Russian cargo plane crashes in Syria, 32 dead
A military cargo plane crashed as it was descending to land at a Russian air base in Syria March 6, killing all 32 people onboard, the Russian Defense Ministry said.
The Russian military said an An-26, with 26 passengers and six crew members onboard, crashed just 500 meters (1,600 feet) from the runway. The military blamed the crash on a technical error.
Russia, a key ally of Syrian President Bashar Assad, leases the Hemeimeem military base in Syria, near the Mediterranean coast.
The base is far from the front lines of the conflict, but came under shelling in December. The Russian military insisted the cargo plane did not come under fire, while saying it would conduct a full investigation. AP
Taiwan says it will beef up defense to respond to China
Taiwan will look to its domestic arms industry as well as foreign suppliers to respond to China’s continuing military buildup, but has no interest in engaging in an arms race with its cross-strait rival, the defense ministry said March 6.
The remarks from spokesman Chen Chung-ji came a day after China announced an 8.1 percent rise in its military budget for this year to $173 billion, the world’s second largest after the United States.
“Taiwan has no intention of getting involved in an arms race with China, or with neighboring countries,” Chen told reporters at a briefing. “However, we expect to strengthen our capabilities in self-developing arms, including locally built vessels and aircraft, or even information and communication warfare.”
China regards Taiwan as Chinese territory to be eventually brought under its control, by force if necessary.
Under China-imposed diplomatic isolation, Taiwan has few avenues for purchasing arms abroad apart from the United States, which despite only having unofficial ties with the self-governing island democracy, is legally bound to ensure it has a credible defense.
Under President Tsai Ing-wen, Taiwan has also sought to reinvigorate its domestic arms industry including in building trainer aircraft and possibly ships and submarines.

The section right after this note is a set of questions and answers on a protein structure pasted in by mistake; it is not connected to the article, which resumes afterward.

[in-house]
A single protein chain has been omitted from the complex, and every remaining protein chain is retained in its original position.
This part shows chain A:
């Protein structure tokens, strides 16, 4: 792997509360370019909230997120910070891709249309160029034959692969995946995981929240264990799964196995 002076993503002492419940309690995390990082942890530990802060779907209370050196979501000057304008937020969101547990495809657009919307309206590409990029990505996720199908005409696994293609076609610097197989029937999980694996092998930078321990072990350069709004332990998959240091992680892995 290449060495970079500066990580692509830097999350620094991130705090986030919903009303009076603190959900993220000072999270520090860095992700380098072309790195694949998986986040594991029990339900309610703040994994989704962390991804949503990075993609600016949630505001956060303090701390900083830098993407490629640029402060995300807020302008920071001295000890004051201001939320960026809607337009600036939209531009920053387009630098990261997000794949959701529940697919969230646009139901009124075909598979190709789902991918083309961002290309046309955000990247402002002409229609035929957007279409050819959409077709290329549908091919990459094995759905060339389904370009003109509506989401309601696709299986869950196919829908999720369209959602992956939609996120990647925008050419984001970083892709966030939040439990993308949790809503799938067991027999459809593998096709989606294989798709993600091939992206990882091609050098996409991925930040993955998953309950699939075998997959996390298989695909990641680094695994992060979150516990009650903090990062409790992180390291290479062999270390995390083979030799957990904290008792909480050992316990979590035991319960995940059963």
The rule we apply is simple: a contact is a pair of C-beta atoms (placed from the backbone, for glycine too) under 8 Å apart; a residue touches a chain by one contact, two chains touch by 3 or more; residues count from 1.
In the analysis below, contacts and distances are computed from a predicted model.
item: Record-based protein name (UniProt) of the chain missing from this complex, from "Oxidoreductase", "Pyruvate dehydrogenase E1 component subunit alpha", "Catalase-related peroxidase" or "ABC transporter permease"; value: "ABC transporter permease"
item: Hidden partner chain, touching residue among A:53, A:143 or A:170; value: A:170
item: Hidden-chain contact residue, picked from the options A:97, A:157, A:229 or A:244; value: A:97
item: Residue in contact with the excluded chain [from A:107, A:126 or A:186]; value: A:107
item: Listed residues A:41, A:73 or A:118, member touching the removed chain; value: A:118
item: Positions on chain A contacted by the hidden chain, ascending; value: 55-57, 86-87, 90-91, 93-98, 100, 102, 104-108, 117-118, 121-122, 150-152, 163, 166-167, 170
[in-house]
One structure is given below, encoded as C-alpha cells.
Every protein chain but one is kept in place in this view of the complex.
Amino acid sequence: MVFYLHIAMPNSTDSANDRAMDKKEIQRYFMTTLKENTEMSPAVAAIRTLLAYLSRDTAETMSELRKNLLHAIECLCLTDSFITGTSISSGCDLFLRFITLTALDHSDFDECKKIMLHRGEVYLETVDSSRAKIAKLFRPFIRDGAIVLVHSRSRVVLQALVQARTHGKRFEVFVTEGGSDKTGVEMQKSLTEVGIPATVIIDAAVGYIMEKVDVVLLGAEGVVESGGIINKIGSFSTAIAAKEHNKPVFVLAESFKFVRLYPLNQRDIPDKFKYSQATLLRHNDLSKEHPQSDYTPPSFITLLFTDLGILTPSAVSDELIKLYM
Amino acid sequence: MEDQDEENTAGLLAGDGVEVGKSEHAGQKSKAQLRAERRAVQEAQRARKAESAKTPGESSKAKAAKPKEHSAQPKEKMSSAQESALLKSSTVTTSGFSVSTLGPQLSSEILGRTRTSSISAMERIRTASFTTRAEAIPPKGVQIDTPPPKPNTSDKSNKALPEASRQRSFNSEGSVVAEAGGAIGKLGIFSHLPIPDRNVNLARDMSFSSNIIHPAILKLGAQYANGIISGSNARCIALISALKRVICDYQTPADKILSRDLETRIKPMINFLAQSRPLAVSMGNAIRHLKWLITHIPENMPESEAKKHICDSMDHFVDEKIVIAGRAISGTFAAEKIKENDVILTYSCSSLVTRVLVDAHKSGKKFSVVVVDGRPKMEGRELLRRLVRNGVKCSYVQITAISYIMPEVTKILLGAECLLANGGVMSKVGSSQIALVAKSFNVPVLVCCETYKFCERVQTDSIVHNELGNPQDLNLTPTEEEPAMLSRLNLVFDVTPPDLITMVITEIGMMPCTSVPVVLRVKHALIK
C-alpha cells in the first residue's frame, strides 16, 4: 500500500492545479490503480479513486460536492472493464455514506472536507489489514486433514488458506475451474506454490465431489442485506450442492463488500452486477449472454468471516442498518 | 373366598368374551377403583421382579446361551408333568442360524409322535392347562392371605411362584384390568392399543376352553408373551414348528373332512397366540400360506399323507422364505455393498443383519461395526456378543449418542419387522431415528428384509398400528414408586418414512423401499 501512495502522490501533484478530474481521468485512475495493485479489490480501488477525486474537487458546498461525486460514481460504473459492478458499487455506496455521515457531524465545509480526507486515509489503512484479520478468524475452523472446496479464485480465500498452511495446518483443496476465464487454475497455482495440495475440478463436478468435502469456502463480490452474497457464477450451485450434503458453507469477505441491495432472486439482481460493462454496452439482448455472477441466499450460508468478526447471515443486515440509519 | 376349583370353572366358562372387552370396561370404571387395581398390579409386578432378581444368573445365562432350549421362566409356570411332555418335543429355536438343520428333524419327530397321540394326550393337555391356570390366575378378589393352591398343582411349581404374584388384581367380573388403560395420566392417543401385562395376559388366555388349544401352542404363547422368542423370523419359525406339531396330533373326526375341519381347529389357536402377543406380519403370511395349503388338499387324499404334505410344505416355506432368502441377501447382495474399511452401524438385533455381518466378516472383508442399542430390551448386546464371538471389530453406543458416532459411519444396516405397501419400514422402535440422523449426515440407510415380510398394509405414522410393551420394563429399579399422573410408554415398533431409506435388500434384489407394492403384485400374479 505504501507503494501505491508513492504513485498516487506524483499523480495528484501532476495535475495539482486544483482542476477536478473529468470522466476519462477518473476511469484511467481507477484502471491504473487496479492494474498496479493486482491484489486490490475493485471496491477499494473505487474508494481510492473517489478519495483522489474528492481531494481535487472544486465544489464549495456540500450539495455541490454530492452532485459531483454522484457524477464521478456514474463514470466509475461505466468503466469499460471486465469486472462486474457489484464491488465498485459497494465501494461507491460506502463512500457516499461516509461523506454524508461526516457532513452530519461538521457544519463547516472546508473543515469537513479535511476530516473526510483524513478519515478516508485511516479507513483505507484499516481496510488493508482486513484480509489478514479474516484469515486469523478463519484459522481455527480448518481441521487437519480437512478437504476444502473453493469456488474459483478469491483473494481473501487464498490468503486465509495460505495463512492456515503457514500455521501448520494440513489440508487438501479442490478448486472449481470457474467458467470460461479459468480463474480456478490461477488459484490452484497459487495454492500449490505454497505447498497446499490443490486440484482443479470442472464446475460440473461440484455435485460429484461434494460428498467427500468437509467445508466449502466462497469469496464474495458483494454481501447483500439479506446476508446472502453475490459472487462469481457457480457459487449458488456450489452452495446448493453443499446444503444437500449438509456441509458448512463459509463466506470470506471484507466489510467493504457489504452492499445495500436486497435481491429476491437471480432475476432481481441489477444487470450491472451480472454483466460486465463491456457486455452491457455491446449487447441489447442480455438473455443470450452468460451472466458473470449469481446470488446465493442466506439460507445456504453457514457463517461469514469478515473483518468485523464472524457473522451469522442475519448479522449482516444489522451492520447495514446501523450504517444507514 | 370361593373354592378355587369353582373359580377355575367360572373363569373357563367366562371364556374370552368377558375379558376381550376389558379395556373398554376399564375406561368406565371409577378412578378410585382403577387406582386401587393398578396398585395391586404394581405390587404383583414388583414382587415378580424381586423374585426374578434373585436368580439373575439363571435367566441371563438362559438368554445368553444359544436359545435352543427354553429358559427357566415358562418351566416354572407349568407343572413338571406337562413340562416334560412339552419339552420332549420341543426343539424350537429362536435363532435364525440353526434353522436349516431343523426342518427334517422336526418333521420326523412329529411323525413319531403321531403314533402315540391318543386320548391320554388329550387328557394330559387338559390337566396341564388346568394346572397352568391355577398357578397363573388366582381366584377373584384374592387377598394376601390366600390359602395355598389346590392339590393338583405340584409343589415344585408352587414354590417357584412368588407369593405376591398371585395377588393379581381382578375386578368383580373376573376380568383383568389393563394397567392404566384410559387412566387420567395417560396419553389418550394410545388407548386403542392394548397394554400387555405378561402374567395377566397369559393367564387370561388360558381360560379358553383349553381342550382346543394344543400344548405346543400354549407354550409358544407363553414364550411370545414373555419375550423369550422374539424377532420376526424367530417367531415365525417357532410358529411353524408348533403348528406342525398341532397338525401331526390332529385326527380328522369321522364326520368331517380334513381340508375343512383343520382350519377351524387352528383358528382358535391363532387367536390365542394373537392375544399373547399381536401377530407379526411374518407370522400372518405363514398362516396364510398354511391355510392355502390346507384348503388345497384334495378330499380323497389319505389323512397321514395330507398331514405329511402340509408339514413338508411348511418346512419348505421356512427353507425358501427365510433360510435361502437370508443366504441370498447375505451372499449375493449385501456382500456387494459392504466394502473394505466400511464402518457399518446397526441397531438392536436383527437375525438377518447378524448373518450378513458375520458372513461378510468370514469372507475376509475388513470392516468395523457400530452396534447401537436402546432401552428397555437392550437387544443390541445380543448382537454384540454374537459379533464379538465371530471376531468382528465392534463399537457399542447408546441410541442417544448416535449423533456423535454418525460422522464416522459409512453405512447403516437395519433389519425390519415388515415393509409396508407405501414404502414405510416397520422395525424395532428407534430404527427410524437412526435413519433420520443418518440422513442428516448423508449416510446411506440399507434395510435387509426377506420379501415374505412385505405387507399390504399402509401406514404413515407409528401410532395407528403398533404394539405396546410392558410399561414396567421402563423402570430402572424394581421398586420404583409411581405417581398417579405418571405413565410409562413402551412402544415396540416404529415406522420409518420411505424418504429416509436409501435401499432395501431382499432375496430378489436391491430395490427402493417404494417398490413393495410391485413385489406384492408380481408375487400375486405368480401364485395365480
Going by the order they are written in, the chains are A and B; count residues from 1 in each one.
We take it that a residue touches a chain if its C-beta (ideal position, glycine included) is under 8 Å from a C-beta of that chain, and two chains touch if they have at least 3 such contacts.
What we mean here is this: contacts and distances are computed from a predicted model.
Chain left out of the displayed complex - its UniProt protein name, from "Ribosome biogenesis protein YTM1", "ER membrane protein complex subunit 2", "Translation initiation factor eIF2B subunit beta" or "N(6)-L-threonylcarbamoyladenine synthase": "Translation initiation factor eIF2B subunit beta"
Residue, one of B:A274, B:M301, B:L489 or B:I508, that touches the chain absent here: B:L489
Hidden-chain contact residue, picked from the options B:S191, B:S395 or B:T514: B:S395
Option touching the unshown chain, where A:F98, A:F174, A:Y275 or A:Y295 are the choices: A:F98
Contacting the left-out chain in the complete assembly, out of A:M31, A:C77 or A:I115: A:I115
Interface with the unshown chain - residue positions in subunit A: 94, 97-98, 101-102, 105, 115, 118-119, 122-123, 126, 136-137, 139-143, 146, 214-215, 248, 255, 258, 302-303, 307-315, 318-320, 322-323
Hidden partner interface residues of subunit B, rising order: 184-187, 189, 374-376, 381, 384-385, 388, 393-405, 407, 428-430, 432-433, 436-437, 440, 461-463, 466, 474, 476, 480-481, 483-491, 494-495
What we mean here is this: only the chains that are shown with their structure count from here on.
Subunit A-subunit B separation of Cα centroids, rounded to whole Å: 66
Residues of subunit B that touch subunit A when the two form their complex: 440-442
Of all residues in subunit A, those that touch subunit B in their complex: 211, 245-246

Such foreign and domestic weapon systems aimed to “satisfy the needs of defensive warfare, and assure the security of Taiwan, as well as to maintain regional stability and peace,” Chen said. AP
NATO chief plans military academies for Iraqi forces
The secretary general of NATO says the alliance plans to step up training of Iraq’s armed forces, including by setting up military academies.
Jens Stoltenberg said March 6 that the goal of training is to ensure that the extremist Islamic State group “is never able to come back in the way we have seen before.”
NATO is part of a global alliance that drove IS from large areas in Syria and Iraq.
After declaring victory over IS in December, Iraqi officials said they will focus on training the armed forces with the help of NATO and Western nations.
Despite of billions of dollars spent on training Iraqi forces after the 2003 U.S.-led invasion, the military suffered a humiliating defeat when IS militants swept through nearly one-third of Iraq in mid-2014. AP
U.S. Navy carrier’s visit to Vietnam puts China on notice
For the first time since the Vietnam War, a U.S. Navy aircraft carrier is visiting a Vietnamese port, seeking to bolster both countries’ efforts to stem expansionism by China in the South China Sea.
The March 5 visit by the USS Carl Vinson brings more than 6,000 crew members to the central coastal city of Danang, the largest such U.S. military presence in Vietnam since the Southeast Asian nation was unified under Communist leadership after the war ended in 1975.
The visit comes amid China’s increasing military buildup in the Paracel islands and seven artificial islands in the Spratlys in maritime territory also claimed by Vietnam. China claims most of the South China Sea and has challenged traditional U.S. naval supremacy in the western Pacific. AP